Docosahexaenoic Acid and Bronchopulmonary Dysplasia in Preterm Infants

Published on Mar 29, 2017in The New England Journal of Medicine91.253
· DOI :10.1056/NEJMOA1611942
Carmel T Collins23
Estimated H-index: 23
(University of Adelaide),
Maria Makrides70
Estimated H-index: 70
(University of Adelaide)
+ 21 AuthorsRobert A. Gibson80
Estimated H-index: 80
BackgroundStudies in animals and in humans have suggested that docosahexaenoic acid (DHA), an n−3 long-chain polyunsaturated fatty acid, might reduce the risk of bronchopulmonary dysplasia, but appropriately designed trials are lacking. MethodsWe randomly assigned 1273 infants born before 29 weeks of gestation (stratified according to sex, gestational age [<27 weeks or 27 to <29 weeks], and center) within 3 days after their first enteral feeding to receive either an enteral emulsion providing DHA at a dose of 60 mg per kilogram of body weight per day or a control (soy) emulsion without DHA until 36 weeks of postmenstrual age. The primary outcome was bronchopulmonary dysplasia, defined on a physiological basis (with the use of oxygen-saturation monitoring in selected infants), at 36 weeks of postmenstrual age or discharge home, whichever occurred first. ResultsA total of 1205 infants survived to the primary outcome assessment. Of the 592 infants assigned to the DHA group, 291 (49.1% by multiple imputation)...
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12 Authors (Maria Makrides, ..., Philip Ryan)
#1Carmel T Collins (University of Adelaide)H-Index: 23
#2Robert A. Gibson (University of Adelaide)H-Index: 80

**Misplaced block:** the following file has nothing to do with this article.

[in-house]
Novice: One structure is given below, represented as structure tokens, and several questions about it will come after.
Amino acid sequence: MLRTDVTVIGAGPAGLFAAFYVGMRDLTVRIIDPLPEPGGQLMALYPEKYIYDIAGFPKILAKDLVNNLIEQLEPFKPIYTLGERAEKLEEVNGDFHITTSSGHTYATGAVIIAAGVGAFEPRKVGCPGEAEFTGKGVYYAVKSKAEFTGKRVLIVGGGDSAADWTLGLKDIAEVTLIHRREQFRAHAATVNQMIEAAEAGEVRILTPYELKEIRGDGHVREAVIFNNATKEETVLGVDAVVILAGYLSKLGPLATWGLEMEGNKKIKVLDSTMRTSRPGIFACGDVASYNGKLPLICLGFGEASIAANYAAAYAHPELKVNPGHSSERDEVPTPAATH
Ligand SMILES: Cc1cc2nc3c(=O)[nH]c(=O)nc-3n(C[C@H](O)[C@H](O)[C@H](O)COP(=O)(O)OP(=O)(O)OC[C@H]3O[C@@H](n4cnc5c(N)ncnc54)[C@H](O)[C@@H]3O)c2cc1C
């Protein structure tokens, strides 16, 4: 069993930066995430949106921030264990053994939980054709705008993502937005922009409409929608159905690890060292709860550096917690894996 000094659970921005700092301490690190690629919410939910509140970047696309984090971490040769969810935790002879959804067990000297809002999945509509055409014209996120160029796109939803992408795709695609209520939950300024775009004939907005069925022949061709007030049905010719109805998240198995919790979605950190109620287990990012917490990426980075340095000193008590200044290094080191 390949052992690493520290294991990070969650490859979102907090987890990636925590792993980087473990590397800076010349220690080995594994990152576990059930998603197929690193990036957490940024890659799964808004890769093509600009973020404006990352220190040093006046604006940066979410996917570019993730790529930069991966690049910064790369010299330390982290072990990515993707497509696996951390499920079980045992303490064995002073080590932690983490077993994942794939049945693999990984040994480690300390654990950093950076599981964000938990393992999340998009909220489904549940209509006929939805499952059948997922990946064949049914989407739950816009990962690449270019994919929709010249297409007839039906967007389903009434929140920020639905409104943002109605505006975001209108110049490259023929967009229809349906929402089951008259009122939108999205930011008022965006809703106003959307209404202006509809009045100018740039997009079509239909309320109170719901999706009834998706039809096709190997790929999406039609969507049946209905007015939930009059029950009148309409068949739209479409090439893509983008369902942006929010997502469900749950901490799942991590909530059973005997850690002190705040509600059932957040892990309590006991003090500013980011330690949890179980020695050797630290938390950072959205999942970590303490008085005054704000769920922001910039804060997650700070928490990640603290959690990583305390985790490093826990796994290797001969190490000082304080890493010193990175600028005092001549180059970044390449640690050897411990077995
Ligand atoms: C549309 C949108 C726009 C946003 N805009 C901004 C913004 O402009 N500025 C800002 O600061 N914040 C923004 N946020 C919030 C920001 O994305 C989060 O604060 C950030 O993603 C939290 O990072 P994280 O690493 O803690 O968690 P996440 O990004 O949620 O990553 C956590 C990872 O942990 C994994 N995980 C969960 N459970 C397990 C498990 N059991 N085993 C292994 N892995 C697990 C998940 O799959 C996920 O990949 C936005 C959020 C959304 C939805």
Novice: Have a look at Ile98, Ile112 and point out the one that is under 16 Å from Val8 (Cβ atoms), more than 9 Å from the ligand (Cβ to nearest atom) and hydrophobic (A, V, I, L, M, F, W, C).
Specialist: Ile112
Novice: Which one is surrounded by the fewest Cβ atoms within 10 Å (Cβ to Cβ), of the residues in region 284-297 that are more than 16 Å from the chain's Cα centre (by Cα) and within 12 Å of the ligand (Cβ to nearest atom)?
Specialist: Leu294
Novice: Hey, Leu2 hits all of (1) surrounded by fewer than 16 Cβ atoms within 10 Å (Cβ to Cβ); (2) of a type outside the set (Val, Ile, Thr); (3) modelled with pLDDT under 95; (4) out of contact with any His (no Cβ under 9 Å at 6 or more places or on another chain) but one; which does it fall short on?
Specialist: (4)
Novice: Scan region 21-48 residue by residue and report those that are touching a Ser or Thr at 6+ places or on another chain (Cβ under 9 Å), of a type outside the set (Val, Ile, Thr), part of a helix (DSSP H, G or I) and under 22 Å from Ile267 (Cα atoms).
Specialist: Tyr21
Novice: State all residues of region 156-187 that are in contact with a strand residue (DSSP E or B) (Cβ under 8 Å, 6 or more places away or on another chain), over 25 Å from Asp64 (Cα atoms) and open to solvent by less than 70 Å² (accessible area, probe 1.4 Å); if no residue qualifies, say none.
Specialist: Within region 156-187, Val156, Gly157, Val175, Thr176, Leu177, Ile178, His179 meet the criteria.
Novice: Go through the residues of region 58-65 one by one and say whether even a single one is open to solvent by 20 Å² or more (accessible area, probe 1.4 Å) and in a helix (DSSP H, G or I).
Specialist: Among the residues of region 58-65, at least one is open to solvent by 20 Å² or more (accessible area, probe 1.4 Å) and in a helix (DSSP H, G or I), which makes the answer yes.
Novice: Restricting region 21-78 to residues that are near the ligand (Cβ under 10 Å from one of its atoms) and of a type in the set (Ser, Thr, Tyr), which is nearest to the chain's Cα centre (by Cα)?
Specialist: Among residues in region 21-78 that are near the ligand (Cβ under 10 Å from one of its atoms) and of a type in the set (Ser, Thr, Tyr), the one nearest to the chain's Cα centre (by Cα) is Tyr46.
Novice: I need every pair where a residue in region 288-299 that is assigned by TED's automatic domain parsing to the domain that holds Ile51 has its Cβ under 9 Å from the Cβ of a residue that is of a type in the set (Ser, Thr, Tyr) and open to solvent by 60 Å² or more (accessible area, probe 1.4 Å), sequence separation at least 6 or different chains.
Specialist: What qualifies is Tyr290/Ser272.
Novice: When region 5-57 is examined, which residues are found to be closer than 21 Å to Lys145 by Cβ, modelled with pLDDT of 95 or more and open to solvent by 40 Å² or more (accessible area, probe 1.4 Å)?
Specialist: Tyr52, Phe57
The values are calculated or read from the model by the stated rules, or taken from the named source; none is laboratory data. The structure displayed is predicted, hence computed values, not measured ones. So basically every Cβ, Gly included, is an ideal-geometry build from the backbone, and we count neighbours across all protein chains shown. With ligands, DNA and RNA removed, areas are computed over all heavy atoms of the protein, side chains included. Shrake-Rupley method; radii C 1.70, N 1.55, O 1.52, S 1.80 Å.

Last. Victor Samuel Rajadurai (NUS: National University of Singapore)H-Index: 16
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Background Bronchopulmonary dysplasia (BPD) is a major cause of mortality and long-term respiratory and neurological morbidity in very preterm infants. While survival rates of very preterm infants have increased over the past two decades there has been no decrease in the rate of BPD in surviving infants. Evidence from animal and human studies has suggested potential benefits of docosahexaenoic acid (DHA), an n-3 long chain polyunsaturated fatty acid, in the prevention of chronic lung disease. Th...
Background: Parenteral nutrition is central to the care of very immature infants. Current international recommendations favor higher amino acid intakes and fish oil–containing lipid emulsions. Objective: The aim of this trial was to compare 1) the effects of high [immediate recommended daily intake (Imm-RDI)] and low [incremental introduction of amino acids (Inc-AAs)] parenteral amino acid delivery within 24 h of birth on body composition and 2) the effect of a multicomponent lipid emulsion cont...